- 2016 Elections
- Special Reports
- Maps & Data
- Dear Abby
- Games & Puzzles
- Events & Exhibits
- Food & Drink
- Arts & Music
- Movies & TV
The lobby of New London Superior Court on Broad Street was awash with bail bondsmen and the relatives of those arrested in Wednesday morning's drug raids as court staff scrambled to present 29 people for arraignment.
At least 10 additional arraignments are scheduled for today.
Awakened early by law enforcement authorities who stormed the region with helicopters, AR-15s and flash bang grenades, family members spent the day waiting to find out whether their relatives would be prosecuted in federal or state court.
Authorities had obtained more than 100 arrest warrants following a 15-month investigation into the trafficking of cocaine and heroin between Connecticut, Puerto Rico and the Dominican Republic. Most of those characterized as major players were arraigned in federal court, but many of the defendants presented before state Superior Court Judge Susan B. Handy also had been charged with multiple counts of sale of narcotics.
One of the state defendants, Erick Torres, 25, of Mystic is charged with 10 counts of sale of narcotics and one count of money laundering under the state's Corrupt Organization and Racketeering Activity Act, according to prosecutor Michael E. Kennedy. Torres was ordered held in lieu of a $200,000 bond. He has a 2008 conviction for possession of narcotics with intent to sell, according to court records.
Others brought before the judge were characterized as drug addicts who had purchased cocaine or heroin for personal use. Many of them have been in treatment or said they were about to begin drug rehabilitation. Attorney Jennifer Nowak, a public defender, said Victor Morales, 41, of New London, who is charged with two counts of possession of narcotics, was "a buyer." He was released on a written promise to appear in court. Attorneys representing other drug-addicted defendants asked that Department of Correction officials be notified that they will be "detoxing" in prison.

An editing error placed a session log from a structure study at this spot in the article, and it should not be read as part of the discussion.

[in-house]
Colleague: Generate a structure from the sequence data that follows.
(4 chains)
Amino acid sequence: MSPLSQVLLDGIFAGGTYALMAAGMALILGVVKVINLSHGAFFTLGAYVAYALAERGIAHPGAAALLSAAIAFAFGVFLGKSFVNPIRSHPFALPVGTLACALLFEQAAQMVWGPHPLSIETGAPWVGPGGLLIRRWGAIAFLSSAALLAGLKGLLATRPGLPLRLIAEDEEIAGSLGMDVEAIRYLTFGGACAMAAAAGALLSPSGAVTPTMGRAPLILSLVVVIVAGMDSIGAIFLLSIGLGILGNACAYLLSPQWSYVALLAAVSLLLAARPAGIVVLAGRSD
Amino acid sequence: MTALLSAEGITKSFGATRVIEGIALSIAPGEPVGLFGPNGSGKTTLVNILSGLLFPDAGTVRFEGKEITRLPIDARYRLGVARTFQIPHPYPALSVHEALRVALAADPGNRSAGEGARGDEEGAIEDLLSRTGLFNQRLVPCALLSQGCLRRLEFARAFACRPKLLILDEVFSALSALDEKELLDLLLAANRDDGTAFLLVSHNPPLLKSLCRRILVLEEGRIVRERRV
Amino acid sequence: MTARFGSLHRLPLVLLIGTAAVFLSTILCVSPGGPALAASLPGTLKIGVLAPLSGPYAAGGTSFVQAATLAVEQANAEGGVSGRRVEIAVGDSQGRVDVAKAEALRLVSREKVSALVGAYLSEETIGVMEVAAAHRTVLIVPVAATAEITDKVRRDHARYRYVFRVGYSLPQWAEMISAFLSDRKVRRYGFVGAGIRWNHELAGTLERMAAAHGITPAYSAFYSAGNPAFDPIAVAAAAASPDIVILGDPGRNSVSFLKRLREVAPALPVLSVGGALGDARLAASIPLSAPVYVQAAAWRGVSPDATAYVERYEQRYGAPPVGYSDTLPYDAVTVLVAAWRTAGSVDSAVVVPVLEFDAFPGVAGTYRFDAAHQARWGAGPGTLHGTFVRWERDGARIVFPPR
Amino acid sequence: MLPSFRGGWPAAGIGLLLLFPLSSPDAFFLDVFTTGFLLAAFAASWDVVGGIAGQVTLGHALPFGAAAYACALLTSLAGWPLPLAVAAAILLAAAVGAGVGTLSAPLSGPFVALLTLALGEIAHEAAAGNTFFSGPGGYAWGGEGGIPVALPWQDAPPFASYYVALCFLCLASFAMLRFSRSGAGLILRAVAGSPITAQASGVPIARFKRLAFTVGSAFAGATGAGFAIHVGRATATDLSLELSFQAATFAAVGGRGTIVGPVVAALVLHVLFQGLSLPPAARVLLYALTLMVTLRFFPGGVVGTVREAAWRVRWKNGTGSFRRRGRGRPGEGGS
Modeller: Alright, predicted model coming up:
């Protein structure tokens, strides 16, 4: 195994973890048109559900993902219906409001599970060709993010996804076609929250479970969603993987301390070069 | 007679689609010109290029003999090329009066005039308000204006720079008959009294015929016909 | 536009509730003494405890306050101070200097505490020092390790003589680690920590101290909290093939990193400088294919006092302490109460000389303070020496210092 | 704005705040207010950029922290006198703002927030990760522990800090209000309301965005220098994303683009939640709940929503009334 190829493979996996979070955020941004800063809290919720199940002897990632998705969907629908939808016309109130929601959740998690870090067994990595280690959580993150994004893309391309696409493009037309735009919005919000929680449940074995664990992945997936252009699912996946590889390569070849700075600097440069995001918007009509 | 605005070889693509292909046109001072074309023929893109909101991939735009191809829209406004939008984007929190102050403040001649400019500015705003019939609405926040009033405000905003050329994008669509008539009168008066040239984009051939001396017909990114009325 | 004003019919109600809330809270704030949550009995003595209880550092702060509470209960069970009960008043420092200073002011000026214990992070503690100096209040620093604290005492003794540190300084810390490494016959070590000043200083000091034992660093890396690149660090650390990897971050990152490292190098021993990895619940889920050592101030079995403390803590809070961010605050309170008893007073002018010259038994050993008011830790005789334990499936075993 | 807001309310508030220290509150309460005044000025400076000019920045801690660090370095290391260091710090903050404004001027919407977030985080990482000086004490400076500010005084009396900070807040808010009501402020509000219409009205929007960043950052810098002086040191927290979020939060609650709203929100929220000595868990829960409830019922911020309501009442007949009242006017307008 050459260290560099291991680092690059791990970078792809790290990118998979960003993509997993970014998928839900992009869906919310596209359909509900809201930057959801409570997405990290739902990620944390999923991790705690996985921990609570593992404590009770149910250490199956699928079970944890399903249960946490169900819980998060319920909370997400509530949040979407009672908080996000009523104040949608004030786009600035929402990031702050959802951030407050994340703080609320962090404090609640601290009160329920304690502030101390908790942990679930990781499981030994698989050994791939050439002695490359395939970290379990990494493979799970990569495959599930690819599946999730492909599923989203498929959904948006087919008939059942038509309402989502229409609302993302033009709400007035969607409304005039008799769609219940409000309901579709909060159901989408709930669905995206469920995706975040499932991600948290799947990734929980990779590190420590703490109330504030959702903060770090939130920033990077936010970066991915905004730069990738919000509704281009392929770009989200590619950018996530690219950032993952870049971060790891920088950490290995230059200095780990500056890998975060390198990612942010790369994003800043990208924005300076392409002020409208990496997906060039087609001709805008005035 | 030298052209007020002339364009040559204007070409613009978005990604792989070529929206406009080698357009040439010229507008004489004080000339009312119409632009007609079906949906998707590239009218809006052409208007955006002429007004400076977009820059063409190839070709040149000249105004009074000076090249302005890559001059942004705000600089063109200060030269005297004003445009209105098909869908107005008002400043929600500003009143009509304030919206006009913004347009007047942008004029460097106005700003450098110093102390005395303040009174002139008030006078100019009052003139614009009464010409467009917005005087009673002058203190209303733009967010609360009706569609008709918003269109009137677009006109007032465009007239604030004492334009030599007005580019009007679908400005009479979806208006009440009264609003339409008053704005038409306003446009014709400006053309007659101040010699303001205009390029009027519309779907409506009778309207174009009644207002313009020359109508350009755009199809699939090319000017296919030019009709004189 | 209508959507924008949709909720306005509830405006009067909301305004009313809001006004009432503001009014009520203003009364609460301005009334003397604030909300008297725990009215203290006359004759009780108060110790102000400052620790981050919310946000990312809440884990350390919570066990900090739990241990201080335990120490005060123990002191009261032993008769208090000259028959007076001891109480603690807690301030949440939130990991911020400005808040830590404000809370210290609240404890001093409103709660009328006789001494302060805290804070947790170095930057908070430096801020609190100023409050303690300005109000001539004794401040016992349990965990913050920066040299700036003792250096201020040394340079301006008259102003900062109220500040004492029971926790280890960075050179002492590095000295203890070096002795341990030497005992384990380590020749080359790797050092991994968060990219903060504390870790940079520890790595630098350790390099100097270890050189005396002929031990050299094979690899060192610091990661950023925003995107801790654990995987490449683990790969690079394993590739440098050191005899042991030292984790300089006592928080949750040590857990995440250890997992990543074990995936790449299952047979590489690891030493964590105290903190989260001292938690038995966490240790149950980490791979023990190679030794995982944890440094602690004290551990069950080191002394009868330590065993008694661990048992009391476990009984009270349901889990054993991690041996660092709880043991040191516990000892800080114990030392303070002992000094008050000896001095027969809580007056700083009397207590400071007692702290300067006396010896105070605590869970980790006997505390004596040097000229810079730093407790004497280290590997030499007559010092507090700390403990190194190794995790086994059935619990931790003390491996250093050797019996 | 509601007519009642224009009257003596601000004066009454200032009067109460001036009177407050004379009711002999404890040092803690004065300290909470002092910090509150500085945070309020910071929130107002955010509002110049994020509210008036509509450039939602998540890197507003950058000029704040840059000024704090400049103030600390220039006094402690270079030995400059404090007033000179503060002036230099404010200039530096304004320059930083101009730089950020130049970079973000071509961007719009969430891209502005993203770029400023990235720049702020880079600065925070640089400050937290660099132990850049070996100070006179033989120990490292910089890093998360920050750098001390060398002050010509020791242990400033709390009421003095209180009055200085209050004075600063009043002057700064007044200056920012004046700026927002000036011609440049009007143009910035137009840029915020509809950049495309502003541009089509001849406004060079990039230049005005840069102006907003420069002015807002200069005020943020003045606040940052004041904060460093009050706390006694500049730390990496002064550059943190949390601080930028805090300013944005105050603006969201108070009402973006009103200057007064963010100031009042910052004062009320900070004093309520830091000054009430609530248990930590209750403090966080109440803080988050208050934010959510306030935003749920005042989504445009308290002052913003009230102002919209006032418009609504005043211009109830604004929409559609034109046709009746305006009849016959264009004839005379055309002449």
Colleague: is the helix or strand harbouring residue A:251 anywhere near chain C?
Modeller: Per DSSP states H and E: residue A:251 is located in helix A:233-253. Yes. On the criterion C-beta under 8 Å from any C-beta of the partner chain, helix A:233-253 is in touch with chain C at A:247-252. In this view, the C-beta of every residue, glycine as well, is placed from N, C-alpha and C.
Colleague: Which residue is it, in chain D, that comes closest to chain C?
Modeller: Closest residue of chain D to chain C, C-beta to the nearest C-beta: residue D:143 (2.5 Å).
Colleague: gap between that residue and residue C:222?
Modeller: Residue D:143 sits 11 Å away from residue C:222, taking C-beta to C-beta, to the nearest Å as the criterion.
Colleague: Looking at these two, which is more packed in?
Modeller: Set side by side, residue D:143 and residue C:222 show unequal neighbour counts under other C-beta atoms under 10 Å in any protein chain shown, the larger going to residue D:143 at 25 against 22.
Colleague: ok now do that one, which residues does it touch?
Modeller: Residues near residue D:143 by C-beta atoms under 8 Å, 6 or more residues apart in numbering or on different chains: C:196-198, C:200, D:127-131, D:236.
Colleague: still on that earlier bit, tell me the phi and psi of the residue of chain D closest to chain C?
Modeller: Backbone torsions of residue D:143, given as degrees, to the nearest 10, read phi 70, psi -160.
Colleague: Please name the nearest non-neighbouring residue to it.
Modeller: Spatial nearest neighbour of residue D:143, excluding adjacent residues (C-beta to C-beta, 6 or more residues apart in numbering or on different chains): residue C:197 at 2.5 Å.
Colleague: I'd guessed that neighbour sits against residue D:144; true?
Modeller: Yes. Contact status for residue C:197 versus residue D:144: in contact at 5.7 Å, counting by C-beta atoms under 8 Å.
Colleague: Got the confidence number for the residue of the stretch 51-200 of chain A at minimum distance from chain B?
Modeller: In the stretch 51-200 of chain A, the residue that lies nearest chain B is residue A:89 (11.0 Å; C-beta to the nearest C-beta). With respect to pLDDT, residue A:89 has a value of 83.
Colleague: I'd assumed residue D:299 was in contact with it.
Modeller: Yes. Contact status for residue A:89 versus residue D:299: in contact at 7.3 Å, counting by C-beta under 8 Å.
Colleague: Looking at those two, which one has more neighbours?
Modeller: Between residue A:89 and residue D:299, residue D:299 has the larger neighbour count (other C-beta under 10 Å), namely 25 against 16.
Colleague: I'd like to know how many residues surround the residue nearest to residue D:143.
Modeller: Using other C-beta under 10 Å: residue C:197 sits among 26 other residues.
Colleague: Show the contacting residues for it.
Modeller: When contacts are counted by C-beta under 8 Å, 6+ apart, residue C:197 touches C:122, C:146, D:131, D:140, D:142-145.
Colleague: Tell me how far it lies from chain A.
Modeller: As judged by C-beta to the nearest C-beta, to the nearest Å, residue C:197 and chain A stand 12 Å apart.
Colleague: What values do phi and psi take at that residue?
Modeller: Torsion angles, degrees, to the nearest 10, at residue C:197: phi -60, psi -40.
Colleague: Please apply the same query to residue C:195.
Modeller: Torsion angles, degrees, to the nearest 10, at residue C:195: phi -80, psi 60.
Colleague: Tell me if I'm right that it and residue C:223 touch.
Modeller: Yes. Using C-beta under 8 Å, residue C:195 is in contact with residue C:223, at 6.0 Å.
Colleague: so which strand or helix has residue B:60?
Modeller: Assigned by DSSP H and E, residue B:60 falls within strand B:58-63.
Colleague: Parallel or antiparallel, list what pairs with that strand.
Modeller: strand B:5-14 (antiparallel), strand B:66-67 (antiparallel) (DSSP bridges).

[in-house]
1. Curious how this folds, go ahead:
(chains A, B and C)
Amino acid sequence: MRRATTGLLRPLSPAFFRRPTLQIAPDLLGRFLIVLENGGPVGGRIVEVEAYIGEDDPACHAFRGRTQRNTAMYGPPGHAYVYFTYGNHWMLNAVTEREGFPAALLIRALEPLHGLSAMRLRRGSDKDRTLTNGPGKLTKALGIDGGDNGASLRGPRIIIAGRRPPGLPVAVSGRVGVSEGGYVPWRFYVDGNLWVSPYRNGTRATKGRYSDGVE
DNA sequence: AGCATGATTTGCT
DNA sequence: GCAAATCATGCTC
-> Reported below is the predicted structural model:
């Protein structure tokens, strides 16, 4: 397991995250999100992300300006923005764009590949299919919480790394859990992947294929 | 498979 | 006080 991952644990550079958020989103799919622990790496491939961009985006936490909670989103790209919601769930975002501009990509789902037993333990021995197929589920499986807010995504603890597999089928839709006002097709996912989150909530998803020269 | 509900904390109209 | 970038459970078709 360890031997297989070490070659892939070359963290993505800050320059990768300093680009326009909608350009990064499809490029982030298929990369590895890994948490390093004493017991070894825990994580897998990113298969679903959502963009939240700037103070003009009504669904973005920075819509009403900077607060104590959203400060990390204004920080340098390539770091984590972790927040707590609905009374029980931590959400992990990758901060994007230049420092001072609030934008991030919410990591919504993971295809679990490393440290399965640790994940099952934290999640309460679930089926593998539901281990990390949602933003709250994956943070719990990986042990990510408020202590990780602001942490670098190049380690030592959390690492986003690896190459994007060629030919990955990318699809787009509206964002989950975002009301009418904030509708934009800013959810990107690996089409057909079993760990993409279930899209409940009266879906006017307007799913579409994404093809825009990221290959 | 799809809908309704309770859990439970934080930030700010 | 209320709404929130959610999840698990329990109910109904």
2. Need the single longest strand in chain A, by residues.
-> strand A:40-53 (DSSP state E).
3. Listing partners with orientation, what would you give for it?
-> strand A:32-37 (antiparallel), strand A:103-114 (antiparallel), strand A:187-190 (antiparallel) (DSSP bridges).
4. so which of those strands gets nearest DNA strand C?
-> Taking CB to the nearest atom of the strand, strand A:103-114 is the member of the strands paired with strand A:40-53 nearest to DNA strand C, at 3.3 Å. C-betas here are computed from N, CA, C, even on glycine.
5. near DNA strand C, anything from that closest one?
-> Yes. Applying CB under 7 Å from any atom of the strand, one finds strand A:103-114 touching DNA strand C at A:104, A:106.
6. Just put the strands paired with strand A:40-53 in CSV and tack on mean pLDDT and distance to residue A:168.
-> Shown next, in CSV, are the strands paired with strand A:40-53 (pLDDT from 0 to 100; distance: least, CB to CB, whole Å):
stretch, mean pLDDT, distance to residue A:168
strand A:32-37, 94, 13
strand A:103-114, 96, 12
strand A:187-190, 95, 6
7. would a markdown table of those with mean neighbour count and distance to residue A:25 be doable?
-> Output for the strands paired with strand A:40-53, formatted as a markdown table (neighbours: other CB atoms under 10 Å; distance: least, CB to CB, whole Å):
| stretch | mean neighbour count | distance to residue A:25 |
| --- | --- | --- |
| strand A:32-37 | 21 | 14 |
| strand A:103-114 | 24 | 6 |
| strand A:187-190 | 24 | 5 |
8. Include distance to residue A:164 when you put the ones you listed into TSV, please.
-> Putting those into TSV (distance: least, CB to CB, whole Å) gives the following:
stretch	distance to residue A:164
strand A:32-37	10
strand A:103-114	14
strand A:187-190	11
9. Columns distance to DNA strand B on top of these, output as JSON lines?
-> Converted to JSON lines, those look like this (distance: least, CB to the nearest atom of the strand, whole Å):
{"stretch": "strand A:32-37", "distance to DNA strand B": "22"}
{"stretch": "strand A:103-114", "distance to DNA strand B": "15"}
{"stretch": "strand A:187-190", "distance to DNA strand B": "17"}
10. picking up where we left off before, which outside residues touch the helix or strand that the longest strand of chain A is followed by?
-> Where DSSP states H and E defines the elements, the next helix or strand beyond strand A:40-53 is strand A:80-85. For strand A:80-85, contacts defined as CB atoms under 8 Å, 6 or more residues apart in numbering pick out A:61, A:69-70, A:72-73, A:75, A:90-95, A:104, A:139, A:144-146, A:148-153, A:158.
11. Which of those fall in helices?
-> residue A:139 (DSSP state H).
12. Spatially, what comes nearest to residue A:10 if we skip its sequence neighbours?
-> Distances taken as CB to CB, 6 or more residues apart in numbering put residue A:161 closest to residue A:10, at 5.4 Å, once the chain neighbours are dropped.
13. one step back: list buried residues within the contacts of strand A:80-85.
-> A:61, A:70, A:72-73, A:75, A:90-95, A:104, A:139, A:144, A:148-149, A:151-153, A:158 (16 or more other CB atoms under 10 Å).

Courthouse staff hustled to accommodate the influx of defendants and the accompanying paperwork. Clerks entered each case into the Judicial Branch system and created paper files. Bail commissioners interviewed each defendant and reviewed each case to determine the seriousness of the charges and recommend an appropriate bond.
Marshals brought the defendants, most of them dressed in sweatpants and sweatshirts, into the courtroom chained in groups of six or seven so the judge could read them their rights en masse. Standing before the judge, each person was asked to state his name and date of birth before the bail commissioner, prosecutor and defense attorney discussed recommended bond amounts.
Family members, some with small children, waited in the audience to see whether their relative would be going home that night. Some sighed with relief to hear their loved one would be released on a written promise to appear in court and walked out with them a short time later. Others left the courthouse disappointed after the judge set a higher bond. Some met with bondsmen in the lobby to see whether they could raise the cash to get their relative out of prison.
All of the defendants received continuance dates for later this month.